by Steven M. Ledbetter
5 minute read
Arthur C. Clarke, the famous science fiction author, is one of a small handful of people to have a set of laws named after him. Clarke’s Three Laws are simple, profound, and provide an excellent framework for understanding the the very edges of what is possible.
When a distinguished but elderly scientist states that something is possible, he is almost certainly right. When he states that something is impossible, he is very probably wrong.
The only way of discovering the limits of the possible is to venture a little way past them into the impossible.
Any sufficiently advanced technology is indistinguishable from magic.
Clarke intended these laws as a way to craft science fiction stories and to give humanity a context for understanding the process of discovery. They appear frequently in his work and even more frequently in the lives of people reaching just past their comfort zone. The third law seems especially appropriate for people setting off onto a journey of behavior change.
For many people struggling with unwanted nutrition and behavioral habits, people who behave differently (like those of us in the field professionally) might as well be magicians. Some of them watch our behavior with just as must as much awe as we would watch an alien species preparing its meals and training their bodies. We simply “do” things like go to the gym, get stronger, and lose weight that they have struggled to learn for decades. And not only that, we seem to enjoy it! We might even post pictures of ourselves working out and sweating on Facebook, or have whole blogs dedicated to our awesome kale recipes. Not for any nefarious reason; we might just love working out and kale! But just as two alien cultures struggling to find a common vocabulary, communication problems can arise. Some of our clients have never cooked a meal for themselves and we might hand them a shopping list with magic words like, “Dino Kale,” “Free-Range Omega-3 Eggs,” and “Organic, Grass-fed 96/4 Lean Ground Beef.” We might have well handed them a list that said, “Eye of Newt.” Or we might tell them they just need to “eat less and move more” which is about as helpful as telling someone who’s never seen a cellphone they just need to download Google Maps to find out where the party is. The small changes necessary to reach health and fitness goals might seem obvious to us, but the reasons we do them and how we learned them are in murkier territory. Because just as their health and fitness habits mostly happen below their level of awareness, our health and fitness behavior is often just as automatic, unseen, and totally reliant on things we completely take for granted.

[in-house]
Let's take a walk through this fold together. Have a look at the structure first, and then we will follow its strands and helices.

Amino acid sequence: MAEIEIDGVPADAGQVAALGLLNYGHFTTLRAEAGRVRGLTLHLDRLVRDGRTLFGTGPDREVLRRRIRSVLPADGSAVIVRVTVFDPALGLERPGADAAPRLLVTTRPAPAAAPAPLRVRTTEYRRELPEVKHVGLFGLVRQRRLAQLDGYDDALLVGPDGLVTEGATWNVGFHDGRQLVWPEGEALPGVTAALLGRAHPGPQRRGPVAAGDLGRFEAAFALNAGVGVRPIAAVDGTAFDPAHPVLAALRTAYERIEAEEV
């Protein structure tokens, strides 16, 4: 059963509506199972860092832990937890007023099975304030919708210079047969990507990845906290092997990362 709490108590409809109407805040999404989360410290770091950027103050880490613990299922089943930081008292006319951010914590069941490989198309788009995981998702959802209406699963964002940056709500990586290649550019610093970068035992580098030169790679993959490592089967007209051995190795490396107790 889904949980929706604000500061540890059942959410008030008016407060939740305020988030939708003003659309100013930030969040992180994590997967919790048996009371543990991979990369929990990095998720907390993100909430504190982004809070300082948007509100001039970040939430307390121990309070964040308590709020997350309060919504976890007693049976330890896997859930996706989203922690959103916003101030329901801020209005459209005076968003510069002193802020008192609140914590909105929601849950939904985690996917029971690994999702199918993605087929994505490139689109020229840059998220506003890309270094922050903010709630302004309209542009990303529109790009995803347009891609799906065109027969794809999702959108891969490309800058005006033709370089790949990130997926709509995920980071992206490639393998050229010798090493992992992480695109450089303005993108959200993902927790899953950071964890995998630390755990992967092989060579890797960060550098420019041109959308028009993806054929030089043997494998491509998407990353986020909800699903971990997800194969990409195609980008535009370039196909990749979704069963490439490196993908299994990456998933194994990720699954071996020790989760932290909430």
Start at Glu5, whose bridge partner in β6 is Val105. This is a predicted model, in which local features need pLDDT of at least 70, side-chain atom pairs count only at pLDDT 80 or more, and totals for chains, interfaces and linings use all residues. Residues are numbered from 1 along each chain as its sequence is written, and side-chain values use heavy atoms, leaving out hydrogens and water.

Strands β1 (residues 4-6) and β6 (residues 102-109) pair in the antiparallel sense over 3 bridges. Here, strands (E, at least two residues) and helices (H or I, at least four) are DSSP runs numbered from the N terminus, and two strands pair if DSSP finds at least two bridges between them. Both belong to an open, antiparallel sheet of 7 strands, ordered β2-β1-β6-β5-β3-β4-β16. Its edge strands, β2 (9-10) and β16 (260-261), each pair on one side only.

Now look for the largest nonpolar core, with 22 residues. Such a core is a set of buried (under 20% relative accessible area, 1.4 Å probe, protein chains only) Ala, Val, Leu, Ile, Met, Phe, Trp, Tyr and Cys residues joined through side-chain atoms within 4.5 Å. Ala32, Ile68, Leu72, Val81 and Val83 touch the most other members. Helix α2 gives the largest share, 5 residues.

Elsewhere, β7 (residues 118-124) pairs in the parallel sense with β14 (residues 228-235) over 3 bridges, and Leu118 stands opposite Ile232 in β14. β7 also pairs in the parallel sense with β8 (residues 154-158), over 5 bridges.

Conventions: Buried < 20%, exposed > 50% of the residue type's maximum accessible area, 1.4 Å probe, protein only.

Neal, Wood, Labrecque, and Lally (2011) asked a very simple question: “When you drag yourself to the gym each morning, is the behavior due to your ardent hope of fitting back into your favorite jeans or to myriad environmental cues that keep you locked into your morning habit?” The answer, according to their research, was that people perform habits because of cues in their environment and independently of their goals, or even that sometimes we write our goals after-the-fact to match our preexisting habits (more on the Habit-Goal interface is in this month’s Habit Research Review). Humans crave a neat, causal explanation for our behavior when often none is there. We tell ourselves we are fat because we do not work hard enough or aren’t disciplined enough to earn it. We tell ourselves we are fit because we make good decisions about our bodies. But the reality is more complex and has more to do with context than will. We are creatures of our environment and after a while the influence of our environment becomes so automatic that it might be the last thing we notice. The actions become automatic too, and before you know it someone’s asking us “what’s your secret?”
We need to remember how our clients see us. To them, we might be magicians pulling rabbits out of hats but the real question is who is fooling whom? They see a magician, but when they ask how we pulled that rabbit out of the hat, what do we tell them? Do you remember what it was like to go from the couch to that first 5k? What is the story that you tell yourself and your clients about how you did it? Looking back, how much did you tackle at once and how much of that journey was slowly learned? How much easier did it get when you made new friends who were fit? How much easier was it when you moved to a place with better running paths? How did you learn to cook? These are questions we need to be asking ourselves, because as you’ll see in this month’s UNSEEN DEGREES, helping people craft their context is about a powerful a coaching tool as we have to offer, and one that we might be completely blind to ourselves.
Hard work. Sweat. Tears. Sacrifice. Pain. Injury. These are the words in the common narrative about how people get to Point A from Point B in fitness. And yes, all journeys have their struggles and their obstacles, but how much time did Ulysses spend slaying Cyclopes and how much time did he spend just hanging out on a boat with all his other friends who were just as desperate to get home as he was? Most of the journey is showing up and putting one foot in front of the other. It’s the slow accumulation of little changes to one’s environment and the habits that go along with it, performed for and encouraged by the people in our lives that matter to us. When our clients ask about our journey, what’s the story we tell them? And when they ask for our secret, what do we tell them?
Penn Jillette, the larger, louder half of Penn & Teller, has a wonderful way of describing the profession of being magician. “A magician is just a security officer, guarding an empty vault.” Is our profession so different?